Ho Chi Minh locals gambling likely a pipe dream

Ho Chi Minh, locals, gambling

Vietnam’s Ho Chi Minh City would be a major lure for casino investors, with strong market potential, but the local government’s proposal to expand its gambling offering is likely to fall on deaf ears in Hanoi, according to a leading gaming analyst.

Earlier this month The People’s Committee of Vietnam’s Ho Chi Minh City put forward a proposal to allow casinos in five-star hotels, at which locals may be permitted to gamble, as part of a raft of measures to improve nightlife.

Local media reports that the proposals have been sent to the city’s National Assembly. 

Locals over the age of 18 and tourists would be permitted to gamble in the casinos under the proposals. 

All but four casino projects in Vietnam are barred from allowing Vietnamese nationals to gamble and none of them are in the two biggest cities, Ho Chi Minh in the south and the capital Hanoi. 

However, Ho Chi Minh is home to 15 slot parlors in five-star hotels and prior to the pandemic, these were performing strongly.

Ben Lee, IGamiX, vietnam, Ho Chi Minh, gambling
Ben Lee, IGamiX

Ben Lee, managing partner of IGamiX Management & Consulting, which has advised on numerous projects in the country, estimates that in 2019 the clubs were generating annual gross gambling revenue of about $300 million. 

The parlors are supported by the country’s large and growing expatriate population, which consists of Singaporeans, South Koreans and increasingly Mainland Chinese, as businesses move out of China in search of lower costs and to avoid U.S. tariffs on Chinese goods.

The city has a population of more than 8 million people and had around 100,000 expats in 2019, according to the Vietnam Real Estate Association. In addition it has a large number of Vietnamese who hold foreign passports who fled as refugees and have returned to their country.

This segment, known as Viet Khieu, is being actively wooed by the city government to help the economy rebound post Covid.

All of this adds up to significant market potential. Even without the locals, Lee said the market would be able to support a $2 billion integrated resort. 

The trouble is, it’s not likely to happen due to the detrimental impact on those local companies which already hold local licenses. 

“It would cut the legs out from the local developers who have agreed to develop tourism in more remote areas,” he said. 

Vietnam announced a pilot program to allow local gambling in two remote casinos to spur tourism in 2017.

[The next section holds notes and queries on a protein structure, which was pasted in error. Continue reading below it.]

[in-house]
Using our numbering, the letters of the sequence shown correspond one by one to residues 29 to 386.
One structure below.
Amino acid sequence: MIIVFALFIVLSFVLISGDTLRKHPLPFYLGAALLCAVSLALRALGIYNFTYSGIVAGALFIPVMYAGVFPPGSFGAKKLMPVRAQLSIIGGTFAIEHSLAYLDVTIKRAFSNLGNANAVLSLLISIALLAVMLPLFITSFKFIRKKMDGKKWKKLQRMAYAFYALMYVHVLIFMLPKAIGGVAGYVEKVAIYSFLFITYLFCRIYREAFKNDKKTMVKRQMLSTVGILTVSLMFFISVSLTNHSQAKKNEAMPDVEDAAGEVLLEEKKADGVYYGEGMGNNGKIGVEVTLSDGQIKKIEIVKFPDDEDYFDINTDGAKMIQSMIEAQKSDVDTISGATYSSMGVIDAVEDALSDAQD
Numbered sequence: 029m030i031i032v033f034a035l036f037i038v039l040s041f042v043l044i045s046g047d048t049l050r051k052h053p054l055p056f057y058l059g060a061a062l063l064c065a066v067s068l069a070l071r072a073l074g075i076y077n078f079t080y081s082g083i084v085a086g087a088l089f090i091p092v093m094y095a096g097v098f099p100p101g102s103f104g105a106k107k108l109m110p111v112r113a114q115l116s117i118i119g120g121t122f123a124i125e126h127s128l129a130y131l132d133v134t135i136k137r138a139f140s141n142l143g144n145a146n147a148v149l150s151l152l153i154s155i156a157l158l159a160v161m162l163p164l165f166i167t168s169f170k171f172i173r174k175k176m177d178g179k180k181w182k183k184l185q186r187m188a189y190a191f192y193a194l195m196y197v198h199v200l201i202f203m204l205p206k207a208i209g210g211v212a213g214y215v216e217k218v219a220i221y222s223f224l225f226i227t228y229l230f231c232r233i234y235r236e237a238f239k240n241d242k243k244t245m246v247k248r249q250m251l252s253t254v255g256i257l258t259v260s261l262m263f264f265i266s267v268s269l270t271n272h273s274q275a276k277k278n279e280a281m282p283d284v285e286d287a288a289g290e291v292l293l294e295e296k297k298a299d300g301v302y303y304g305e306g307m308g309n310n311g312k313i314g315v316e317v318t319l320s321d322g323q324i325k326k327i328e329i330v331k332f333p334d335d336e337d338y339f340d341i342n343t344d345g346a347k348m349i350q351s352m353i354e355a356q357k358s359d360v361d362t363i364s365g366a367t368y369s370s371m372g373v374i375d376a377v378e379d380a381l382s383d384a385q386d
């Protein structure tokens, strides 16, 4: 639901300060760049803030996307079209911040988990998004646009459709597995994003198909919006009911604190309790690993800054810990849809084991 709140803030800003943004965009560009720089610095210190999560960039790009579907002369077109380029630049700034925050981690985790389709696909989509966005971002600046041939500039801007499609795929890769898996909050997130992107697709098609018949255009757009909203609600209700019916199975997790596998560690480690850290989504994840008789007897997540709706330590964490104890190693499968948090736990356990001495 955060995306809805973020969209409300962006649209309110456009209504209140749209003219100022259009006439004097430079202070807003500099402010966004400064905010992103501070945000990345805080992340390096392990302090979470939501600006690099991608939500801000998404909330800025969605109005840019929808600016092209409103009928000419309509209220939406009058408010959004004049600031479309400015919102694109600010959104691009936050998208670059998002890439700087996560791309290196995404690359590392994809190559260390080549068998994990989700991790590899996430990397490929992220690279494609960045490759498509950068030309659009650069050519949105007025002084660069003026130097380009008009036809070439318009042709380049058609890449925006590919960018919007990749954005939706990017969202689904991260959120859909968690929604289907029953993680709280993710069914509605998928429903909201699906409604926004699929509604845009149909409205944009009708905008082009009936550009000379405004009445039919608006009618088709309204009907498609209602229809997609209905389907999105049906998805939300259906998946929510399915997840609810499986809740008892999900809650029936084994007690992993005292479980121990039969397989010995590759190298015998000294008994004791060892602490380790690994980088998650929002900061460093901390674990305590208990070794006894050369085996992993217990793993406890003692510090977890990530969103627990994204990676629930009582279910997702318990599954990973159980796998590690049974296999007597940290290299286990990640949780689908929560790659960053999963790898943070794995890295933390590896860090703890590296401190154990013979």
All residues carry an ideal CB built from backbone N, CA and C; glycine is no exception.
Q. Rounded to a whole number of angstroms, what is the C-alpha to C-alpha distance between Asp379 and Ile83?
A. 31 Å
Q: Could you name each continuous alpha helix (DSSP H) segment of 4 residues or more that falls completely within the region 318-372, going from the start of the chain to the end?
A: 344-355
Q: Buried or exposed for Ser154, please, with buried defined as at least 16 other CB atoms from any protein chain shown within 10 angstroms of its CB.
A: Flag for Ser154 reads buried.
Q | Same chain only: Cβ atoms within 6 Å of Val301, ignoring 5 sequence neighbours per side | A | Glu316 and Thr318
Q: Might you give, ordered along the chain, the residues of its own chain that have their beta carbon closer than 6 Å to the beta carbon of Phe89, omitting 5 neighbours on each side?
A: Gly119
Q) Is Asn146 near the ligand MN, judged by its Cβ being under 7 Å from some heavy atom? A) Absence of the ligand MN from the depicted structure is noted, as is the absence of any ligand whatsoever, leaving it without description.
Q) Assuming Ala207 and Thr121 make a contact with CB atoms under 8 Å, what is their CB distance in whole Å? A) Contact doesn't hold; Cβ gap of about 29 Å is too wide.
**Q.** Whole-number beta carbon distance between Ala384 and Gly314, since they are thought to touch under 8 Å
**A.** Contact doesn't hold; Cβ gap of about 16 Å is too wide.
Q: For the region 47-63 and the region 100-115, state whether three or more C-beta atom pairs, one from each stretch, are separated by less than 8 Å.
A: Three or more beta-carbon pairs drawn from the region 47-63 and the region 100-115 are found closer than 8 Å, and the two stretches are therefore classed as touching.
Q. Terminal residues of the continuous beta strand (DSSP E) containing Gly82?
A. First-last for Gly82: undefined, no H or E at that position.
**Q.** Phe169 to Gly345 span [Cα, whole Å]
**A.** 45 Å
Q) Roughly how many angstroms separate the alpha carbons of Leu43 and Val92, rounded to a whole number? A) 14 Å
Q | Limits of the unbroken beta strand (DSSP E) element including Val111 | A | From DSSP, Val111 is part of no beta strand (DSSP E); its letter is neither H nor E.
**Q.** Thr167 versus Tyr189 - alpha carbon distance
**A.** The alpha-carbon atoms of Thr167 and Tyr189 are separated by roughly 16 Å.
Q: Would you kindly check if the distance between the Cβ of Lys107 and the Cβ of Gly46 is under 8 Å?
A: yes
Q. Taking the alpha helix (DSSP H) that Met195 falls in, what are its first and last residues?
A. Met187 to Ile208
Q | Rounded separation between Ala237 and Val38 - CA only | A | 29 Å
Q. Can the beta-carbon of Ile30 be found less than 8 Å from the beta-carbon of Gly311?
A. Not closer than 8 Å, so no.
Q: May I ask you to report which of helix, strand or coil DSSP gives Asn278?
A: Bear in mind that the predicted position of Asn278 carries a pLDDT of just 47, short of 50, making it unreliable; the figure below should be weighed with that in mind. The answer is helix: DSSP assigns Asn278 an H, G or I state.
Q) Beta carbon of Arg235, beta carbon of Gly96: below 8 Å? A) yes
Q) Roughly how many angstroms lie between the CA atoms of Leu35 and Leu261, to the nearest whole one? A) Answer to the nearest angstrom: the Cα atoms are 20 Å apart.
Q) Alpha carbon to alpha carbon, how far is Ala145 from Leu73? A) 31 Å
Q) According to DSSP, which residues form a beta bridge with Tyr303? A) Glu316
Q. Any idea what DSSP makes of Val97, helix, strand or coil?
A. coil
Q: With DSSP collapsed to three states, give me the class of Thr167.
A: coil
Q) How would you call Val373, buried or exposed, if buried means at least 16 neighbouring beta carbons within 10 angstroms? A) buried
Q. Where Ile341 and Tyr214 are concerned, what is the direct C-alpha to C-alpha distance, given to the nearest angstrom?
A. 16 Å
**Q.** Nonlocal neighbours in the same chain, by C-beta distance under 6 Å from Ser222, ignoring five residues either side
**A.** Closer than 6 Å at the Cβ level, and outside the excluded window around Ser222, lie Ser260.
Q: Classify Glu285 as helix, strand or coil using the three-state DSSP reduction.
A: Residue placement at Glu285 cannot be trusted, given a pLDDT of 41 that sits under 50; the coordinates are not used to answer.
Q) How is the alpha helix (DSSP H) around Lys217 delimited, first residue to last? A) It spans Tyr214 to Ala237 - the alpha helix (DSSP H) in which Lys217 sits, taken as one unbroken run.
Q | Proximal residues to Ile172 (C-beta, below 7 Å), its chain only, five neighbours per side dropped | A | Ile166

Sun Group is developing a large-scale resort in Van Don in the far north of the country, which is still under construction. Spread over 2,000 hectares, it will feature a golf course and a world-standard horse race track, as well as retail, apartments and exhibition areas.

The group agreed to large-scale infrastructure development, including the construction of an international airport, to open up the area to tourism.

The second resort is the Corona Casino & Resort on Phu Quoc island in the far south, which was developed by Vinpearl.

The program was recently expanded to allow locals gambling at two other resorts being developed by the local companies, one is the Sun World Ba Na Hills, which is an existing French-themed property in the center of the country near Danang. It currently does not have a casino.

The other is yet to be built near Nha Trang City. Vinpearl Co. announced the proposed construction of a new VND50 trillion (US$2.2 billion) IR on Hon Tre in March last year.

Lee also doubts that the government would allow a full-foreigner only casino in the city. But if they did, this would have a direct impact on the Intercontinental Grand Ho Tram, which is a popular weekend destination for Ho Chi Minh residents. 

For Vietnamese residents without foreign passports, the only option is to leave the country. Prior to the locals gambling program, Vietnam was losing about $800 million a year in tax revenue from locals traveling to casinos in Cambodia.

Lee said the Vietnamese have a strong propensity to gamble and were the second wave of Asian gamblers to hit Australia’s casinos. First it was the Hong Kong Chinese and then the Vietnamese, who had lower capital, but played longer and drank while they played.

The third wave was the Mainland Chinese, which eclipsed the prior two.